I have this decorator:
if not hasattr(signal, "SIGALRM"):
def handler(signum, frame):
def new_f(*args, **kwargs):
old = signal.signal(signal.SIGALRM, handler)
result = f(*args, **kwargs)
new_f.func_name = f.func_name
It's not very pretty, but I had to do something similar in a cross-platform way, and I came up with using a separate thread. Signal based systems did not work on all platforms reliably.
Use of this class could be wrapped up in a decorator, or made into a
with context handler.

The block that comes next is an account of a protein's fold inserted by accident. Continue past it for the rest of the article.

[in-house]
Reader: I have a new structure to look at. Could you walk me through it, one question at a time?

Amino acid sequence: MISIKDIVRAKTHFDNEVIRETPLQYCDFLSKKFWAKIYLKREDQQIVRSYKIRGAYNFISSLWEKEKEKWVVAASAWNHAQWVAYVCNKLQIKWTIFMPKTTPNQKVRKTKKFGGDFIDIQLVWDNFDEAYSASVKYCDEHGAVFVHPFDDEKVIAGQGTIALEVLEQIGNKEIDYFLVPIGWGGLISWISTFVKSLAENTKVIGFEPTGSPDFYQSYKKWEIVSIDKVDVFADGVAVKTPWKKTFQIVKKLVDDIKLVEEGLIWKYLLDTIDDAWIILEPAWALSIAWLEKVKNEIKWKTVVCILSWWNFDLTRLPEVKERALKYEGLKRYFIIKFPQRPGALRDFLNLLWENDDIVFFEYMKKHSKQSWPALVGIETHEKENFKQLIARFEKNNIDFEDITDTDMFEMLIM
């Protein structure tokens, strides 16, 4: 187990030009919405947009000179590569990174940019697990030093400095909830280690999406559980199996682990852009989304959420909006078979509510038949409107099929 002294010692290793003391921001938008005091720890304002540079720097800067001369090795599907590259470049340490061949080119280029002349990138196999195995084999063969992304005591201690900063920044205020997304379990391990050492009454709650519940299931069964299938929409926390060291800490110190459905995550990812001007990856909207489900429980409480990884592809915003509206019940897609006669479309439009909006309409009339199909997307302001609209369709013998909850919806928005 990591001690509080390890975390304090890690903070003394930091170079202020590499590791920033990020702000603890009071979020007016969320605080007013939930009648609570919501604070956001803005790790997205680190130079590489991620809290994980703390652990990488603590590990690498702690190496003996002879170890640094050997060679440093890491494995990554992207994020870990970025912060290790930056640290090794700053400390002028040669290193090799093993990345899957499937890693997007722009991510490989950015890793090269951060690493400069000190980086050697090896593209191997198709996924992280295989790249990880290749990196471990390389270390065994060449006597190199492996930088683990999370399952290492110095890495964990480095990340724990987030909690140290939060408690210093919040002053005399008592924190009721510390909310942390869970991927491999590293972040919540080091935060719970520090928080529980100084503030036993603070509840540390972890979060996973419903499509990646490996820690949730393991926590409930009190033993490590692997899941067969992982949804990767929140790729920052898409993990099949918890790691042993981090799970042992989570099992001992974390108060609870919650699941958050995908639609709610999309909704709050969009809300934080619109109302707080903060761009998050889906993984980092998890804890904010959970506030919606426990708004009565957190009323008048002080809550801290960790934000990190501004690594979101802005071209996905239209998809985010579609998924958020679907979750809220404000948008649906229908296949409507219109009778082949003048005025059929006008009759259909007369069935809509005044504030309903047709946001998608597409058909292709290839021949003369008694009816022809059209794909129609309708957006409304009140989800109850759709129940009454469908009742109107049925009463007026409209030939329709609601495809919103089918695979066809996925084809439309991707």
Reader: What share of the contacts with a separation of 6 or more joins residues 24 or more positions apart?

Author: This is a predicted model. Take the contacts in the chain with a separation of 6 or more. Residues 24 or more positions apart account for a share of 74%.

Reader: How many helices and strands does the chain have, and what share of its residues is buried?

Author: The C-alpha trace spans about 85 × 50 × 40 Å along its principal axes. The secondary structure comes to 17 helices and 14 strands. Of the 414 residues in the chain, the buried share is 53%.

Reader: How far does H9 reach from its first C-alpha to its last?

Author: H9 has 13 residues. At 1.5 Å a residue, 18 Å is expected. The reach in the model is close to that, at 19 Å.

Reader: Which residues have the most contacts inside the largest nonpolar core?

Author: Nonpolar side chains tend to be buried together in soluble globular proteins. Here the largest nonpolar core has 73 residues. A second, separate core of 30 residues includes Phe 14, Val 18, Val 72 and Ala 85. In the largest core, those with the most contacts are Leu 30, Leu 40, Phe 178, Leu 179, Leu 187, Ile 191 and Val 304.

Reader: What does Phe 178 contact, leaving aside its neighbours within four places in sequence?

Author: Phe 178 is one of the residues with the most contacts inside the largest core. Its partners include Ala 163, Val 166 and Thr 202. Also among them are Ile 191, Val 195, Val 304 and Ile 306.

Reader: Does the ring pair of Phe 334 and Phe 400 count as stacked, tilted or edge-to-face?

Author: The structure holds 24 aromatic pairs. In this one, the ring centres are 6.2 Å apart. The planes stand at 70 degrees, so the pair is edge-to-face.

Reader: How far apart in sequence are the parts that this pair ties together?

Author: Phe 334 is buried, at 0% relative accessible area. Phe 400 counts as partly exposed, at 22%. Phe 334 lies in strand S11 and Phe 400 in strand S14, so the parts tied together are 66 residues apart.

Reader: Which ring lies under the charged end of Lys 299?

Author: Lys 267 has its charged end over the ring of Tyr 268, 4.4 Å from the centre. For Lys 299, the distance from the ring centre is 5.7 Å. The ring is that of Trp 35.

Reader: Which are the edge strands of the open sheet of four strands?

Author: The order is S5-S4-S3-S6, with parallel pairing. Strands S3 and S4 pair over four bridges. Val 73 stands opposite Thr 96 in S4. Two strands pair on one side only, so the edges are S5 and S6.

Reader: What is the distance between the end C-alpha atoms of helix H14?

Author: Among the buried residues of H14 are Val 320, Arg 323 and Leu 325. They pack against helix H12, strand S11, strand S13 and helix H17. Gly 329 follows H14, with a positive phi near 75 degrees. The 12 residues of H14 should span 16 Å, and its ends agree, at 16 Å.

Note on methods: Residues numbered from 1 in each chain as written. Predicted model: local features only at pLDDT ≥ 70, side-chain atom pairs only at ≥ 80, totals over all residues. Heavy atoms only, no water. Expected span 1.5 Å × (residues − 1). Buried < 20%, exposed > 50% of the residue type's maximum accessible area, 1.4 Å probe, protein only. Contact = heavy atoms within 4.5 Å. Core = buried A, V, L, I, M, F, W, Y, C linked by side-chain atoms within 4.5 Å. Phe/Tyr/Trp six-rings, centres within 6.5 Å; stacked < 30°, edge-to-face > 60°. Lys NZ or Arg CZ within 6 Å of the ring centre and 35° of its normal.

#!/usr/bin/env python2.7 import time, threading class Ticker(threading.Thread): """A very simple thread that merely blocks for :attr:`interval` and sets a :class:`threading.Event` when the :attr:`interval` has elapsed. It then waits for the caller to unset this event before looping again. Example use:: t = Ticker(1.0) # make a ticker t.start() # start the ticker in a new thread try: while t.evt.wait(): # hang out til the time has elapsed t.evt.clear() # tell the ticker to loop again print time.time(), "FIRING!" except: t.stop() # tell the thread to stop t.join() # wait til the thread actually dies """ # SIGALRM based timing proved to be unreliable on various python installs, # so we use a simple thread that blocks on sleep and sets a threading.Event # when the timer expires, it does this forever. def __init__(self, interval): super(Ticker, self).__init__() self.interval = interval self.evt = threading.Event() self.evt.clear() self.should_run = threading.Event() self.should_run.set() def stop(self): """Stop the this thread. You probably want to call :meth:`join` immediately afterwards """ self.should_run.clear() def consume(self): was_set = self.evt.is_set() if was_set: self.evt.clear() return was_set def run(self): """The internal main method of this thread. Block for :attr:`interval` seconds before setting :attr:`Ticker.evt` .. warning:: Do not call this directly! Instead call :meth:`start`. """ while self.should_run.is_set(): time.sleep(self.interval) self.evt.set()